With a strong desire to build a more technical skillset, she pursued her Masters in Quantitative Finance at Bentley University as a Fulbright Scholar. During her graduate studies she helped to establish and manage an ESG strategy for the university’s endowment fund, gaining valuable experience in capital markets. She then went on to work with a boutique ESG investment firm in Boston, and later with two international development financing organizations.

Baljmaa joins the Tapestry team to support a new project we are undertaking with a municipality in Eastern Canada to design and implement an investment system to finance their community energy ambitions. Baljmaa loves big data, financial modeling and finding creative financing solutions. “We don’t need fancy solutions, we need practical solutions,” she shares. “As an ESG professional, creating a circular economy is the goal. I think community bonds offer a double win of raising impact capital while also sending profits back into the community.” 

It’s tax season and we’re here to help

By Education, News

It’s that time of year again. That’s right – it’s tax season. 

For issuers of community bonds, this means it’s time to report the investment earnings of their investors to the Canada Revenue Agency (CRA) and Revenu Québec, and to provide investors with the necessary paperwork to file their income taxes. 

For issuers working with Tapestry, this process is a simple and straightforward one. Our clients need only email their investors to inform them that the tax slips are en route, and we take care of the rest! 

At Tapestry, our investment management software, Atticus, is the real hero of the season. Not only does Atticus securely store investor data and calculate interest disbursements, but it also generates reports that hold the information required for T5 and RL-3 tax slips.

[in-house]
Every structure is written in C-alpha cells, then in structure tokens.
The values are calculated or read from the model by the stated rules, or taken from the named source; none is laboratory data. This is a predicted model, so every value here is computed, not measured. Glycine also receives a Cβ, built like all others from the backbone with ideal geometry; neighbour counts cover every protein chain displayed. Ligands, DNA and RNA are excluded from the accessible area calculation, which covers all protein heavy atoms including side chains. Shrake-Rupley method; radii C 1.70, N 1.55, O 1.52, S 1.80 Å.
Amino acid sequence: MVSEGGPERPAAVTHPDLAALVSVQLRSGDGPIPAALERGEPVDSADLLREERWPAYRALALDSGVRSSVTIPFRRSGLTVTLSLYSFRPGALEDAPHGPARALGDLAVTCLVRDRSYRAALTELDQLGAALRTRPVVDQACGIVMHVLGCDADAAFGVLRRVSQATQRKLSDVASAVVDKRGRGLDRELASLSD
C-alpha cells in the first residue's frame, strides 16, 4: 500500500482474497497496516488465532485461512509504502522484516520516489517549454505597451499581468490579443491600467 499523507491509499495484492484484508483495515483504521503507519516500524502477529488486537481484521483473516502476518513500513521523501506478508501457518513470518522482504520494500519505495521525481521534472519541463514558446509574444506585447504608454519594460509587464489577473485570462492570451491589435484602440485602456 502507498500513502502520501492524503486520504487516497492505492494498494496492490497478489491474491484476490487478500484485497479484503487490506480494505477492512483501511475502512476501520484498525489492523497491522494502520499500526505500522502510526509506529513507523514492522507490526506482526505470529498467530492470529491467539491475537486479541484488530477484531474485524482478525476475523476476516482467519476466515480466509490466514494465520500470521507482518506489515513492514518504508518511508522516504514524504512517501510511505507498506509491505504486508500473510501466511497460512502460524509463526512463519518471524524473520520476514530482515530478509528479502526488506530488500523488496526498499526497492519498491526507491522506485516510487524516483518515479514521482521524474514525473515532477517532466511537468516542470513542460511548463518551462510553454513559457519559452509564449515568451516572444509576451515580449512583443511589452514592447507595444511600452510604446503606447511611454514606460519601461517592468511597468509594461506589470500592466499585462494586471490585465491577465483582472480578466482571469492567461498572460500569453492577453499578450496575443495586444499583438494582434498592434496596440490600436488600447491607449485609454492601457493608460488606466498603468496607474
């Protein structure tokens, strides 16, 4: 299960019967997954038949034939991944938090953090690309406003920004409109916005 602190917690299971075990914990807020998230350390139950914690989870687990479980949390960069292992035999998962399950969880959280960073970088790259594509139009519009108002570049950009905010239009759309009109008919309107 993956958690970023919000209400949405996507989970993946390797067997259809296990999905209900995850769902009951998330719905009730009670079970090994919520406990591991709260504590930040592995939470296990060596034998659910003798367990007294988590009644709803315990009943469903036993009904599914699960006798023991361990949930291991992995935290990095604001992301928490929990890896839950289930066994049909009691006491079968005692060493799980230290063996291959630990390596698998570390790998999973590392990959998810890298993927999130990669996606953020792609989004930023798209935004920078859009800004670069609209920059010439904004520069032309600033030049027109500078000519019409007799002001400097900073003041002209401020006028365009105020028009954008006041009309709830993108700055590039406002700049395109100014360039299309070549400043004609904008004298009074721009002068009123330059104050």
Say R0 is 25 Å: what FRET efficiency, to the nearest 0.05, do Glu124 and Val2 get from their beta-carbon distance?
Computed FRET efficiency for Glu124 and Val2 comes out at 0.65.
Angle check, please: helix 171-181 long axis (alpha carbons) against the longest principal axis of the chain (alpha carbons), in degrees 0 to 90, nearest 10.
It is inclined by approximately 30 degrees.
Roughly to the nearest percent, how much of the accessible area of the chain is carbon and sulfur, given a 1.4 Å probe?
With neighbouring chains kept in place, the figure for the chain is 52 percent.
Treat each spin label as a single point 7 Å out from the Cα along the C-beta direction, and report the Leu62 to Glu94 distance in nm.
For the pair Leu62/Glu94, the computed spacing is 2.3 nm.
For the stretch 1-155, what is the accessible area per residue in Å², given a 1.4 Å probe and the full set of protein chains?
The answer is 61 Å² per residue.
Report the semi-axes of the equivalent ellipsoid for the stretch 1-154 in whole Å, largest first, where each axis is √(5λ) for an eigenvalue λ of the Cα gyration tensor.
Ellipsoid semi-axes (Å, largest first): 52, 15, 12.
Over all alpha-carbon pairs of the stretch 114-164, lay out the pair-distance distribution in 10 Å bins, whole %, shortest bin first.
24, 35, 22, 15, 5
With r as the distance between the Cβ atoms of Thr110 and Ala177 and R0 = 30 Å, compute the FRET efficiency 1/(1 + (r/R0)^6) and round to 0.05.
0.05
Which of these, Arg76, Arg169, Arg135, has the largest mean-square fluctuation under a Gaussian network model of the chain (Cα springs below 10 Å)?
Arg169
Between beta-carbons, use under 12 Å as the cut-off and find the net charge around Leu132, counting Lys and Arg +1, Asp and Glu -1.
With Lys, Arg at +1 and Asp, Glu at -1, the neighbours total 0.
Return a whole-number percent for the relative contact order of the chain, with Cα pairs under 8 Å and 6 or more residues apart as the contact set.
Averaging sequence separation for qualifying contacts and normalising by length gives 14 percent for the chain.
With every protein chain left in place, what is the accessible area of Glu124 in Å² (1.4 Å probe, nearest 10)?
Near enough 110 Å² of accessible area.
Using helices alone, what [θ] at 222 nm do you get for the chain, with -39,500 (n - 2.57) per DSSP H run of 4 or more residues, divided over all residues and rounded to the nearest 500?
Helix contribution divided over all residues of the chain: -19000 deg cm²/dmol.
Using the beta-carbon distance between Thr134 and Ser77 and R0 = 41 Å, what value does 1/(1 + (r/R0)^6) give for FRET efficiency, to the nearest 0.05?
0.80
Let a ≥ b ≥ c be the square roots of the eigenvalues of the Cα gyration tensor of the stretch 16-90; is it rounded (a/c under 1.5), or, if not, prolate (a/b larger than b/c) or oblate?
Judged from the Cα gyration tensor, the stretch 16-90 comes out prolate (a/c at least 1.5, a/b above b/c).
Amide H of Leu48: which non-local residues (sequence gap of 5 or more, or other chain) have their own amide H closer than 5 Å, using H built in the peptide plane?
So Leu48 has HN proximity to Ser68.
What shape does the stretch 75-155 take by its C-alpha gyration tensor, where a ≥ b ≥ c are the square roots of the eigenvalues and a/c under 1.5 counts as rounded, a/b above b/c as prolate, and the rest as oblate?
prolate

Tapestry generates these slips and ensures they are sent to investors before the required deadline. 

“Data management tools like spreadsheets are prone to human error,” explains our Impact Investment Manager, Theodora Mladenova. “Not to mention, it isn’t a safe way to store investor’s sensitive information. It is possible for issuers to manage this work on their own, but we save them a whole lot of hassle and reduce these risks.” 

Satyameet SinghBeyond tools such as Atticus, which streamline this process for tax reporting, Tapestry also builds on 20 years of experience in the field. “Ultimately, this knowledge saves our clients time and money, so that they can focus on what they are good at – growing their positive impact within their communities.”  

Our seasoned Campaign Manager, Satyameet Singh, also reminds us that this is an opportune time of year for issuers of community bonds to have a touch point with their investors. “Taxes may be a bit boring but your project certainly isn’t! This is a great time to provide an update to investors on your project and show them how their funds are being put to use,” he explains. “Investors really appreciate this communication, and it helps to build a deep and trusting relationship. We always recommend that our clients take advantage of this opportunity to reconnect with their investors.”